Telemedicine is the term used to describe when healthcare professionals use medical information transmitted via electronic communications technology, computer networks and multimedia to facilitate patient care. It has traditionally been used to provide medical care to individuals living in remote areas. In recent years, telemedicine has expanded in scope and is more widely integrated into daily operations in hospitals, clinics, surgery centers and physicians’ offices.
Here are just a few of the services that can be provided by telemedicine:
Remote patient monitoring – Rather than requiring a visit to the doctor’s office for vital sign monitoring, home telehealth allows patients to remain at home. It uses a variety of devices to measure and collect patient data, such as blood pressure, heart rate or blood glucose level, and these devices send it to a testing facility for interpretation.
Remote examinations – Patients can be visually examined with cameras, which is ideal for follow-up visits, dermatology exams and more.
Education – Consumers are already utilizing the Internet through their home computers and wireless devices to participate in discussions on various health topics, inform themselves about medical issues and learn more about improving their health.
Diagnoses – Allied health and primary care professionals can use telemedicine to facilitate a consultation with a specialist to diagnose a patient’s condition.
Instruction – Medical professionals can access continuing education, seminars and presentations on a variety of topics, no matter where they are located.
Telemedicine is experiencing rapid growth because it can provide valuable benefits, including:
Efficiency - Technology means that a team of specialists, such as dermatologists, can stay in one place and tele-treat patients all over the region, rather than requiring multiple doctors in multiple hospitals to treat the same number of patients.
Convenience - Increasingly, telemedicine is being utilized in workplaces and patients’ homes, for patient consultations, monitoring vital signs, health education and exams.
Cost savings - Telemedicine allows patients to avoid costly transportation expenses to drive or fly to distant hospitals to see specialists. Doctors can do visual examinations through videoconferencing, while local healthcare providers perform tests and physical exams.
Preventing further injury - Physicians can determine whether a patient who’s suffered a stroke requires a blood-clot-busting drug, or if the medication might cause further harm.
Improved access - Telemedicine has been used for decades to bring healthcare to rural and remote areas. Now it allows doctors to expand their reach and in an age of nursing shortages, and improve access to care for millions of patients.
It’s becoming clear that telemedicine can help increase access to healthcare, reduce costs, improve efficiencies and even save lives. While there are limitations, advancing technology will likely continue to improve the quality of healthcare delivered through telemedicine.
In Colorado, all of the state’s largest medical laboratories, including private and hospital laboratories, are active participants in the Colorado Regional Health Information Organization (CORHIO). In addition, all of the state’s large (more than 100 licensed beds) hospitals have connected or are in the process of connecting to the network. More than 1,800 physicians and 100 long-term and post-acute care facilities have connected to the CORHIO, as well.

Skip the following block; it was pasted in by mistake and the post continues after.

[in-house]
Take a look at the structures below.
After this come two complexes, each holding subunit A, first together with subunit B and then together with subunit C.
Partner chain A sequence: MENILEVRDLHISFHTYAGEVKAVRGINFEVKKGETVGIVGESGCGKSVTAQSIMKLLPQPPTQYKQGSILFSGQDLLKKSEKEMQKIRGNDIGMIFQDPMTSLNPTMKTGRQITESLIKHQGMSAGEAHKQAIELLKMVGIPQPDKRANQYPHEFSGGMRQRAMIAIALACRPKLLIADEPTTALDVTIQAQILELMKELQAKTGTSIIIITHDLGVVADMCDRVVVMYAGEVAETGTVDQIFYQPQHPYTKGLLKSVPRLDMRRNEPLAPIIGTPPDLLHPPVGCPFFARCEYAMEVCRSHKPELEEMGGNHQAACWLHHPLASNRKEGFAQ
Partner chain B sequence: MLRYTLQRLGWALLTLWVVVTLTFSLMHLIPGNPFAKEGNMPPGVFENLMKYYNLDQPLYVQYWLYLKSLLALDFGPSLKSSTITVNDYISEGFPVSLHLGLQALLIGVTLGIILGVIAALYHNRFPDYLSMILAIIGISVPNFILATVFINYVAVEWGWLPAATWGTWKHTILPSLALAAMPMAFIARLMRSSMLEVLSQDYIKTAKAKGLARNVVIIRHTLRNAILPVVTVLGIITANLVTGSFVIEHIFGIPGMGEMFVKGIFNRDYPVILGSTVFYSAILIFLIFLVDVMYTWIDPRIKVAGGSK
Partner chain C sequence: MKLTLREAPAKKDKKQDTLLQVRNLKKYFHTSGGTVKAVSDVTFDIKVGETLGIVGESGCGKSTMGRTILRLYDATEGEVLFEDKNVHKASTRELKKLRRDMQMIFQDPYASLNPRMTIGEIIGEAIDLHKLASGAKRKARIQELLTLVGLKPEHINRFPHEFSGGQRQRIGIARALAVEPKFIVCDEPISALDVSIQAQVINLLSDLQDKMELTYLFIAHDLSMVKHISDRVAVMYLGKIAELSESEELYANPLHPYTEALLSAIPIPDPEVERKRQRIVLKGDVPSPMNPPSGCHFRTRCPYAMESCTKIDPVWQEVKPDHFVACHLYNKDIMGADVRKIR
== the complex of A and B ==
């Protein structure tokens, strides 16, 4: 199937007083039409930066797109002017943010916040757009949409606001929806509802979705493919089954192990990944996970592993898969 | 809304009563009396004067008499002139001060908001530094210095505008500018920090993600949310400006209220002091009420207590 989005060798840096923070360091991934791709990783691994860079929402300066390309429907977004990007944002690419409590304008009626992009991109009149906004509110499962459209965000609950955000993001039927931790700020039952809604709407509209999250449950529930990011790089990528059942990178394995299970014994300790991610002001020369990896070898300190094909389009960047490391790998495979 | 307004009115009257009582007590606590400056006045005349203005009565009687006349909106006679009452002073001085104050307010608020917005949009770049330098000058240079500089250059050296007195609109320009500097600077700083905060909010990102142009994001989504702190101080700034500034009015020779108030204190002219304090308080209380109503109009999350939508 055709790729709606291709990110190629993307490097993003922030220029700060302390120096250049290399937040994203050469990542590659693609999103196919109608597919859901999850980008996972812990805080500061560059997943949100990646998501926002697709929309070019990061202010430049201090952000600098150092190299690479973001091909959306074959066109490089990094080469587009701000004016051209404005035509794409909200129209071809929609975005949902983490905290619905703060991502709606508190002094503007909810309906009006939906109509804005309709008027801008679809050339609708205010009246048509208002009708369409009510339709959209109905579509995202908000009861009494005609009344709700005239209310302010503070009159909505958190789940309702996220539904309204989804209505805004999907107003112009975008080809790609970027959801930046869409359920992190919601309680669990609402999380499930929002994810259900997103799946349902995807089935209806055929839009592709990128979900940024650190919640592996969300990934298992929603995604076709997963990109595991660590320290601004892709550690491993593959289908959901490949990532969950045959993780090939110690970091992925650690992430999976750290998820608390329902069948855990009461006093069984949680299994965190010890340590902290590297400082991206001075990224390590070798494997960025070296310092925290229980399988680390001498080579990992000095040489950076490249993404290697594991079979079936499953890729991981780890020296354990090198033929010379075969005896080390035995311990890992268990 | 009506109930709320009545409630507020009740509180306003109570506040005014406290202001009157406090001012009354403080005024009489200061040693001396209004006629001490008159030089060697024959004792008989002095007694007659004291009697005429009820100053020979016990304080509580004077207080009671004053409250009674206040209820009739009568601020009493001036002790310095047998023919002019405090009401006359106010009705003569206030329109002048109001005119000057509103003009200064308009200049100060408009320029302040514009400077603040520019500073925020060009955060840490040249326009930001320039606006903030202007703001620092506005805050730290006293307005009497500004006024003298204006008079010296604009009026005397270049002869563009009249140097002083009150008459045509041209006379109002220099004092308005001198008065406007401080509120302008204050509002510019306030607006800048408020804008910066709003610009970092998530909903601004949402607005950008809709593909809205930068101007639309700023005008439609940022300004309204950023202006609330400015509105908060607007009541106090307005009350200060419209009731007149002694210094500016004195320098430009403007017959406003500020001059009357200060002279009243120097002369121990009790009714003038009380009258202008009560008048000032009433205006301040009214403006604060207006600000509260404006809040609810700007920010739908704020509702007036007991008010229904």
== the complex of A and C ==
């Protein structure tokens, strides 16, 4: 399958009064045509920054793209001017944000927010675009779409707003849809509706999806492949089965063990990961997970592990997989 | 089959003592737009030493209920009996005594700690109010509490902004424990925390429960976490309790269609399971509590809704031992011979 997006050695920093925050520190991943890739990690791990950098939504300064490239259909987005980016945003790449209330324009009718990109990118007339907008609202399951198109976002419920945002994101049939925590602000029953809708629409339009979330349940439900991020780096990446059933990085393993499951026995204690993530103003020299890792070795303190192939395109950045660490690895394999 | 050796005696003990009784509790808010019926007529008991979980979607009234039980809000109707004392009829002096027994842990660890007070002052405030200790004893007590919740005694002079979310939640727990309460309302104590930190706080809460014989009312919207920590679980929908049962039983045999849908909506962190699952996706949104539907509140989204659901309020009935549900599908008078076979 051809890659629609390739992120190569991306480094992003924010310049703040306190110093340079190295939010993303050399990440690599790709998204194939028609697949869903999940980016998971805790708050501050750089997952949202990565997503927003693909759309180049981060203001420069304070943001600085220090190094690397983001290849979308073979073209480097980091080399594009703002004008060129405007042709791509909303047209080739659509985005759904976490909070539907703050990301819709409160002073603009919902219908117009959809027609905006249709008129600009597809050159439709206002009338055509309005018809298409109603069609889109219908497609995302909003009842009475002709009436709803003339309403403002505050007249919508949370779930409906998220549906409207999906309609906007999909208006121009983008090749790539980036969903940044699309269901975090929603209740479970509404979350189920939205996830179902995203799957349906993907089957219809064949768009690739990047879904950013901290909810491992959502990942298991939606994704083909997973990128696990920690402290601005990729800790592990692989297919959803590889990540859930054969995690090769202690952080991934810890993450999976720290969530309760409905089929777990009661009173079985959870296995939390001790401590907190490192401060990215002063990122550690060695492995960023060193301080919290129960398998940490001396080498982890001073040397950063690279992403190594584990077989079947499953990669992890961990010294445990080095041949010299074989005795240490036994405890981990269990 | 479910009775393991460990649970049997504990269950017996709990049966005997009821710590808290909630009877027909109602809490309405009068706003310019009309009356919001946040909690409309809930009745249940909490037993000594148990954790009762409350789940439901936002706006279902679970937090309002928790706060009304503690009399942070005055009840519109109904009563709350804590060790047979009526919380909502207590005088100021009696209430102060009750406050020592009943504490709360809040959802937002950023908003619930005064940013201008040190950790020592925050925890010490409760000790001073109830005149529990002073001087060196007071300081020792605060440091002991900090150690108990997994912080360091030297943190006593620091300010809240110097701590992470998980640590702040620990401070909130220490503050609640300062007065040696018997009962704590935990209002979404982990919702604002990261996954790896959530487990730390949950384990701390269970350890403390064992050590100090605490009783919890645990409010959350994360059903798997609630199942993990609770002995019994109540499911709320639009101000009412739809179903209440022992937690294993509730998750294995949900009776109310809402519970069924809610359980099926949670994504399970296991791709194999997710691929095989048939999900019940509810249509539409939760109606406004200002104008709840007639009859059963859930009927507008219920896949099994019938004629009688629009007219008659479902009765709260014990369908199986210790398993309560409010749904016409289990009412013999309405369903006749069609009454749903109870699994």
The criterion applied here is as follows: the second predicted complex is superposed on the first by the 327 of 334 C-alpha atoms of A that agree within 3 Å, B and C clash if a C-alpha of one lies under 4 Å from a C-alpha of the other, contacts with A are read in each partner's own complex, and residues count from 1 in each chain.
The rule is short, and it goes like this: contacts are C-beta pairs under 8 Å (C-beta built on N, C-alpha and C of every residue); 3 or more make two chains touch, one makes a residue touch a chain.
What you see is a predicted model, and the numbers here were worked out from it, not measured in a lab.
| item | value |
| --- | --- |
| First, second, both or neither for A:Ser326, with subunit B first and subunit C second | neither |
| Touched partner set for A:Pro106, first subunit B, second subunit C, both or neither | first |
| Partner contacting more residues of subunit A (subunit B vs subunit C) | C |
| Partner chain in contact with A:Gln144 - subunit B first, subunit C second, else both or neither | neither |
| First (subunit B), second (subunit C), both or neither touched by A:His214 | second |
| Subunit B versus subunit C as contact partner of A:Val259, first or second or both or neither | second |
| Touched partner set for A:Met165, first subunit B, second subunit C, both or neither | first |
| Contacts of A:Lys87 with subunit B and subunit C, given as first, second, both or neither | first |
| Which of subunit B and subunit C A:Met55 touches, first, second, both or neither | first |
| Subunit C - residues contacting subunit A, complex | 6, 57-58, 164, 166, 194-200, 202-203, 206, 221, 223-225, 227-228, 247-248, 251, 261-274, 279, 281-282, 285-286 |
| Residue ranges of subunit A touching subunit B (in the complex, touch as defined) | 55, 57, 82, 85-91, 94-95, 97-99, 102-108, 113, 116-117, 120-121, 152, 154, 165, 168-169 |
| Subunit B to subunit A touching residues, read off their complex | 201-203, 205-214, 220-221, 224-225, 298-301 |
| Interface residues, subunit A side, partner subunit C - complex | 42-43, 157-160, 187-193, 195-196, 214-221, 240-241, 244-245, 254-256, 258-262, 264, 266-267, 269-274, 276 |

In West Virginia, 23% of the state’s hospitals are connected to its HIE, as are about 100 clinics and physicians’ practices.
In Indiana, 25,000 physicians, 94 hospitals, and 100 clinics, surgery centers and other healthcare organizations are participating in the state’s HIE. The network includes information from over 90% of healthcare visits in Indianapolis-area hospitals, and processes over one million transactions per day.
Overall, about 60% of hospitals exchanged electronic health information with other providers in 2012, according to a study from the Office of the National Coordinator for Health Information Technology. That’s an increase of 41% from 2008.
While more hospitals and healthcare providers are connecting with their state’s HIE, a shortage of qualified HIE technicians could be preventing others from following suit. This healthcare information technology (IT) talent void is slowing many providers’ efforts to implement electronic health records requirements.
In fact, the latest survey by the College of Health Information Management Executives (CHIME) revealed that 67% of healthcare executives were experiencing shortages in their IT staff levels. That’s up from 59% in 2010.
Because the government’s mandate is driven by both deadlines and financial incentives, failing to implement the switch to EHRs on time could affect an organization’s chances of qualifying for funding.
Heath information exchange is seen as the critical connection point between healthcare providers, and the best way to improve patient care while reducing expenses. Because information technology is at the heart of HIE, healthcare providers will liley depend on more talented and trained health IT professionals to complete their connection and implement this cost- and potentially life-saving technology.